There can often be a lot of confusion around the legalities of wills. If you believe a will is unfair, does that give you the right to contest it? Is it possible to contest a will at all?
Sadly, unfair wills can be all too common. So it’s important to know the legal frameworks in place that can potentially help in challenging a will
What are your rights in challenging a will?
You do have the rights to challenge a will if you feel it is unfair. However, there are limitations to the availability of these challenges. The key requirement being that written notice of the challenge must be given within six (6) months of the date of death, and legal action must have commenced within nine (9) months.
What legal principles exist around challenging a will?
Simply stating that an ‘unfair will’ was written isn’t a legally recognised principle. However, there are legally recognised grounds that would allow you to challenge a will. These include:
- Ensuring all family members and dependants have been adequately provided for
- The legal requirements of forming the will weren’t strictly observed
- The will wasn’t a fair reflection of the will maker’s true intentions of their testamentary
- There was undue influence by another party as the will was written
- Any provisions supplied in the will don’t match the intention of that provision.
If someone were to leave behind what they thought was a treasured piece of jewellery, but accidentally described or listed an item with lesser emotional or financial value, the provision wouldn’t match the intentions held behind it.
For greater detail on the processes and grounds to legally challenge an unfair will, read more on our Contesting a Will page.
How do I use these frameworks to challenge the will?
Each different situation will warrant a different set of actions, and different points of consideration from the courts. For example, in the event that a challenge is made to ensure all family members are fairly provided for, the courts will consider the size of the estate, the relationships between the deceased and their dependents, and plenty more variables.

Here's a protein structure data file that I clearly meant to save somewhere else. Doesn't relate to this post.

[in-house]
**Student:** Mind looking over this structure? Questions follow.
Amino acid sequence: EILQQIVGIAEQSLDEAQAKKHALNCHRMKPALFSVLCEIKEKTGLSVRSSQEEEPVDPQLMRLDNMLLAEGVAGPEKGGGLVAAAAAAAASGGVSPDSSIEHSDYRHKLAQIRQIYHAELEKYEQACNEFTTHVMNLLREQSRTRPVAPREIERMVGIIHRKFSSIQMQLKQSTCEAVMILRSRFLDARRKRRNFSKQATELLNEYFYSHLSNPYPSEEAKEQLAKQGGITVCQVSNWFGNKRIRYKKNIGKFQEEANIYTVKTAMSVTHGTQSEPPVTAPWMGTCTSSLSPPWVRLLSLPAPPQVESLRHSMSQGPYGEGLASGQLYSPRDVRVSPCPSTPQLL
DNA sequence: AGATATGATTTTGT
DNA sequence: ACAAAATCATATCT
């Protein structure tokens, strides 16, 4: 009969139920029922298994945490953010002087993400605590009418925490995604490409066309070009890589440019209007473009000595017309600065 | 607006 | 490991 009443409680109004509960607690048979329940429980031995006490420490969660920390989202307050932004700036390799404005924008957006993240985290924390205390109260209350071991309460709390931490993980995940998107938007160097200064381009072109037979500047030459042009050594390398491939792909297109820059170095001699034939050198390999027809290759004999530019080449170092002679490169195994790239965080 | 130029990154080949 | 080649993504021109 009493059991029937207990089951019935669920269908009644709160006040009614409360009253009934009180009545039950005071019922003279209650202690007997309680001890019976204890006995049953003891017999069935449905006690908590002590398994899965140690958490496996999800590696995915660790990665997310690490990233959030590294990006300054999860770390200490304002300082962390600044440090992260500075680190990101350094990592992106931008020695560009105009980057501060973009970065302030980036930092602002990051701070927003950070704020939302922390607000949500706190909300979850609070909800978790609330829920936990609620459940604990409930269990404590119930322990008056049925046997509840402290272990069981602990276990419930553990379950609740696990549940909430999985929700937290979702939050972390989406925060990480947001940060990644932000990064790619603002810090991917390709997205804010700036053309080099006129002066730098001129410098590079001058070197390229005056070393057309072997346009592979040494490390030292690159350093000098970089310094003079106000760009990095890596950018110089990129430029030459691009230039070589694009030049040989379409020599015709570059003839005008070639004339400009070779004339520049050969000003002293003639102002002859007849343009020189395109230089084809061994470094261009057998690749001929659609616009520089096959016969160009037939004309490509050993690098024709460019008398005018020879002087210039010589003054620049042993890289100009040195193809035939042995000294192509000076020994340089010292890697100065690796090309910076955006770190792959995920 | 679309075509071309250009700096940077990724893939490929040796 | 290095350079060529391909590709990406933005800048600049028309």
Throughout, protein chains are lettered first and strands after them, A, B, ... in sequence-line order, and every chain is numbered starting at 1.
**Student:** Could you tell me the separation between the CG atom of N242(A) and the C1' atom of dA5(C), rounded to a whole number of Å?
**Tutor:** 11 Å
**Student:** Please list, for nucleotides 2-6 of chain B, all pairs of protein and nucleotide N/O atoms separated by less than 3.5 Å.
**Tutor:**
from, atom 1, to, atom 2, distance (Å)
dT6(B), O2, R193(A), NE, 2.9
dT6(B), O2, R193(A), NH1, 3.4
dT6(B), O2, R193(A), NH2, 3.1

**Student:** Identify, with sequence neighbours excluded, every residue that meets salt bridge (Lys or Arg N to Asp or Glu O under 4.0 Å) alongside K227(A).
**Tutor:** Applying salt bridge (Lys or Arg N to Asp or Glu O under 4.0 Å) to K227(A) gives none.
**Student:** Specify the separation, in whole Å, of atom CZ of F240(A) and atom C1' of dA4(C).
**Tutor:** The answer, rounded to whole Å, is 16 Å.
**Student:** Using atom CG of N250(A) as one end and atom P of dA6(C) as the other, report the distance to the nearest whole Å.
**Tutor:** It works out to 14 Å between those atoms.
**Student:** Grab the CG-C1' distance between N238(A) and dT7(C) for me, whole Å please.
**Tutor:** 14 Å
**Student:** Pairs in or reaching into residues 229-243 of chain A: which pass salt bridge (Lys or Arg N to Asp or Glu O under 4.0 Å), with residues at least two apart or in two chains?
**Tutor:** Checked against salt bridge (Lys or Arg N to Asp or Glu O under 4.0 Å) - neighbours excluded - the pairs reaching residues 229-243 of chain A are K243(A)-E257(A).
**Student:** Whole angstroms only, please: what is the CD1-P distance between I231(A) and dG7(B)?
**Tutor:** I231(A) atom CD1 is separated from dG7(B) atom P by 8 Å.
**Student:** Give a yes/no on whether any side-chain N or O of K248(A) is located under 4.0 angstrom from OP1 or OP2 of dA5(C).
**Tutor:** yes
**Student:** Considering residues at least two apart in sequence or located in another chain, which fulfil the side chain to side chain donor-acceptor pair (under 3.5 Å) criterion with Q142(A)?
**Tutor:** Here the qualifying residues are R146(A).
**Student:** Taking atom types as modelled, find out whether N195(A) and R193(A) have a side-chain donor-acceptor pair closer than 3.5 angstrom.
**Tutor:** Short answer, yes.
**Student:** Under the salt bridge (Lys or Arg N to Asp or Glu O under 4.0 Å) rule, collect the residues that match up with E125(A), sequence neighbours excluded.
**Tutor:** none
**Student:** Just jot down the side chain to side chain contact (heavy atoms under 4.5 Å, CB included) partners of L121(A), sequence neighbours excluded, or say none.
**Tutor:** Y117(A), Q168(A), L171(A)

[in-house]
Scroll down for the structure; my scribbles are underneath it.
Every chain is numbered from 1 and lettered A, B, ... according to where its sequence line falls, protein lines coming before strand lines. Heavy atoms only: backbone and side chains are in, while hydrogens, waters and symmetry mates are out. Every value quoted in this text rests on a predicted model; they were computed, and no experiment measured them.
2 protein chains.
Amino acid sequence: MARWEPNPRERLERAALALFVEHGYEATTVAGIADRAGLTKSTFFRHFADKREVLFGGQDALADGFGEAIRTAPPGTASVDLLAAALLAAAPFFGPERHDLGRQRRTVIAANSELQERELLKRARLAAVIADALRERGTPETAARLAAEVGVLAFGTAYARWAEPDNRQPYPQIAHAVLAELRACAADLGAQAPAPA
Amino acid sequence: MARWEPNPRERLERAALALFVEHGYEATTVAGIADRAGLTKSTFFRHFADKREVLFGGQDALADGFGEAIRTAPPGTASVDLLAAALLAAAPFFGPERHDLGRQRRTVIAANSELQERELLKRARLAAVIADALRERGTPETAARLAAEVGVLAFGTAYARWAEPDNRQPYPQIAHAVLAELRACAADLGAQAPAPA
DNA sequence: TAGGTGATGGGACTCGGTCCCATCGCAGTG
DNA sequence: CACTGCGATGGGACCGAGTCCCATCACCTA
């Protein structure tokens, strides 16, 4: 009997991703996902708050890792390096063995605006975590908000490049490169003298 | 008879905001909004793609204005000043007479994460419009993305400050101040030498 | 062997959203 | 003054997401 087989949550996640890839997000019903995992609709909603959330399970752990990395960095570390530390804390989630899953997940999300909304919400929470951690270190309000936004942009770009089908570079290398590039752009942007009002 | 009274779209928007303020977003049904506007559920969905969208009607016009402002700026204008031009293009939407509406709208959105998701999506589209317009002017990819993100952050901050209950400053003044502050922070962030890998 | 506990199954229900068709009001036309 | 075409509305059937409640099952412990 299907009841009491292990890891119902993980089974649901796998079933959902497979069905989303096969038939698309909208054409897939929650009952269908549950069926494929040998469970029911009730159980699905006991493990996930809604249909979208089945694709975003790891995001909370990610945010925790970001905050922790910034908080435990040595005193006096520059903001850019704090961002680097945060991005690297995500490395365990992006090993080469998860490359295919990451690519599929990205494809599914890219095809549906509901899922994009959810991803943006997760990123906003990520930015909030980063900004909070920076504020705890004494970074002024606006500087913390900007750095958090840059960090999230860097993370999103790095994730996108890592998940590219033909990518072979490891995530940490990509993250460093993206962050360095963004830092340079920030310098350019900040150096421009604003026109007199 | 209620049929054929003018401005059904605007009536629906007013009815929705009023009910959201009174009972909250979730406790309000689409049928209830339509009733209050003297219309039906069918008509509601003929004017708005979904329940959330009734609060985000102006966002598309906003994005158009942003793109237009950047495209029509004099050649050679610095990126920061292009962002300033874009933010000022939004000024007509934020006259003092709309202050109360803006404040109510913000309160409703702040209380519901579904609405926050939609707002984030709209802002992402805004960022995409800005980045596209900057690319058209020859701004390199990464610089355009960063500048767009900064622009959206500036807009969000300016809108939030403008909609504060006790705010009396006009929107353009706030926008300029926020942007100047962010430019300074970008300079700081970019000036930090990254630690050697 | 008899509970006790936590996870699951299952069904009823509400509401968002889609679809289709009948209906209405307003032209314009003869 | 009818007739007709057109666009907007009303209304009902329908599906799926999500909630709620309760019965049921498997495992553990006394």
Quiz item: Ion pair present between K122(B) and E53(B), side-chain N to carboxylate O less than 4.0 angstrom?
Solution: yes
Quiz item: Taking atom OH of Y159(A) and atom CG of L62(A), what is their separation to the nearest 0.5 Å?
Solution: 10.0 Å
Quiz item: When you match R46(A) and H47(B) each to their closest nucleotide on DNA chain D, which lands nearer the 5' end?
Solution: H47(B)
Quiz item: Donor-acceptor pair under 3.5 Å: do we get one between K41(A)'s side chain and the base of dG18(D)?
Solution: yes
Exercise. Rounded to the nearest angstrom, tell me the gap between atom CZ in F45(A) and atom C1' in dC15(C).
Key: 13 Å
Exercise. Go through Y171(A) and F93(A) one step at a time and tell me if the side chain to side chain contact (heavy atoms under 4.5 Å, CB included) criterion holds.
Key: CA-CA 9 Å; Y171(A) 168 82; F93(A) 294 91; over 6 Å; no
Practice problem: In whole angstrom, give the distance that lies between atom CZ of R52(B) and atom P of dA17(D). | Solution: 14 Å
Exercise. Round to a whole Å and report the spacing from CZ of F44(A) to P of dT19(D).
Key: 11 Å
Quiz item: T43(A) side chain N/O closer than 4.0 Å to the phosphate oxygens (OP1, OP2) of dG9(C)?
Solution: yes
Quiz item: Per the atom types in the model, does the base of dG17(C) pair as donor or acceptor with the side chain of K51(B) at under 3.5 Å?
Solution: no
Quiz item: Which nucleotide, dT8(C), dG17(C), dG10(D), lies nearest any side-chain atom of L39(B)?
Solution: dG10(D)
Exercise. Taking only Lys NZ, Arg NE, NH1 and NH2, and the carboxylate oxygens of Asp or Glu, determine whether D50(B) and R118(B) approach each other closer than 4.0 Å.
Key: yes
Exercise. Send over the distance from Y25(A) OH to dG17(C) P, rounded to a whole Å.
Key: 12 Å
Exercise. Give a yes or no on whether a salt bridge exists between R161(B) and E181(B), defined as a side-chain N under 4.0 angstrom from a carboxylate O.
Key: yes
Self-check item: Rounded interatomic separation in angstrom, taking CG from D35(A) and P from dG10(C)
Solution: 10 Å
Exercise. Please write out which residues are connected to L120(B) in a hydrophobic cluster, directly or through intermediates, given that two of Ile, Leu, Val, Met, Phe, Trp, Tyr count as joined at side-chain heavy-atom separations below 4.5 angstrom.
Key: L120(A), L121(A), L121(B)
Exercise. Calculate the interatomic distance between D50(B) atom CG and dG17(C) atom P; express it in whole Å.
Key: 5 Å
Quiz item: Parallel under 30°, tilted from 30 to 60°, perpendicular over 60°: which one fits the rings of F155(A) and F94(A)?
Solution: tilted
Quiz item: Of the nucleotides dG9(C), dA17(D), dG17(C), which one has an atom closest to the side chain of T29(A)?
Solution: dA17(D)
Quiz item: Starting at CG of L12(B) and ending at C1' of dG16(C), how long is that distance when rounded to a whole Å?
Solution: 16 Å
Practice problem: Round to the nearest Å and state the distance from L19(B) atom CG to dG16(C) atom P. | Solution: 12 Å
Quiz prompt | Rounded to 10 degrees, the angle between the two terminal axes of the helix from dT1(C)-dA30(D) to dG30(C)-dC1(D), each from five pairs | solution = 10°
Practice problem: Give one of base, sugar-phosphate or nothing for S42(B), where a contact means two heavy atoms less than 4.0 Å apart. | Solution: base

However, if a challenge is made on the grounds that the will maker didn’t have full capacity to write a fair will at the time of writing, the courts will consider a separate set of variables. In this case, they would investigate the mental health of the person at the time of writing the will.
The best way to gauge what points will need to be proven is to speak to a professional. The team at Qld Estate Lawyers take the time to understand your situation, and will know in advance what points will need to be proven in court to contest an unfair will.
Case Study: The Forgotten Daughter
This case concerns a middle-aged daughter, whose father had separated from her mother at a young age. Not too long after, he remarries.
Twenty-five years after remarrying, he tragically passes away suddenly.
At the time of his passing, all of his assets were jointly owned with his second wife. The will was written to leave everything to his wife, and in the event she passed away first, to his children. But as she was shared owner of the assets, the terms of the will were effectively inoperative.
The daughter had maintained contact with her father on a semi-regular basis, as she primarily lived overseas. However, she was able to argue the will was unfair, and the matter was resolved with a payment made to the daughter.
We’ll help in the event of an unfair will
If the worst should happen, you can rest assured a fair and reasonable solution will be fought for. For a free, no-commitment chat with an expert in challenging a will, chat to a member of the Qld Estate Lawyers team online, or at 1300 580 413.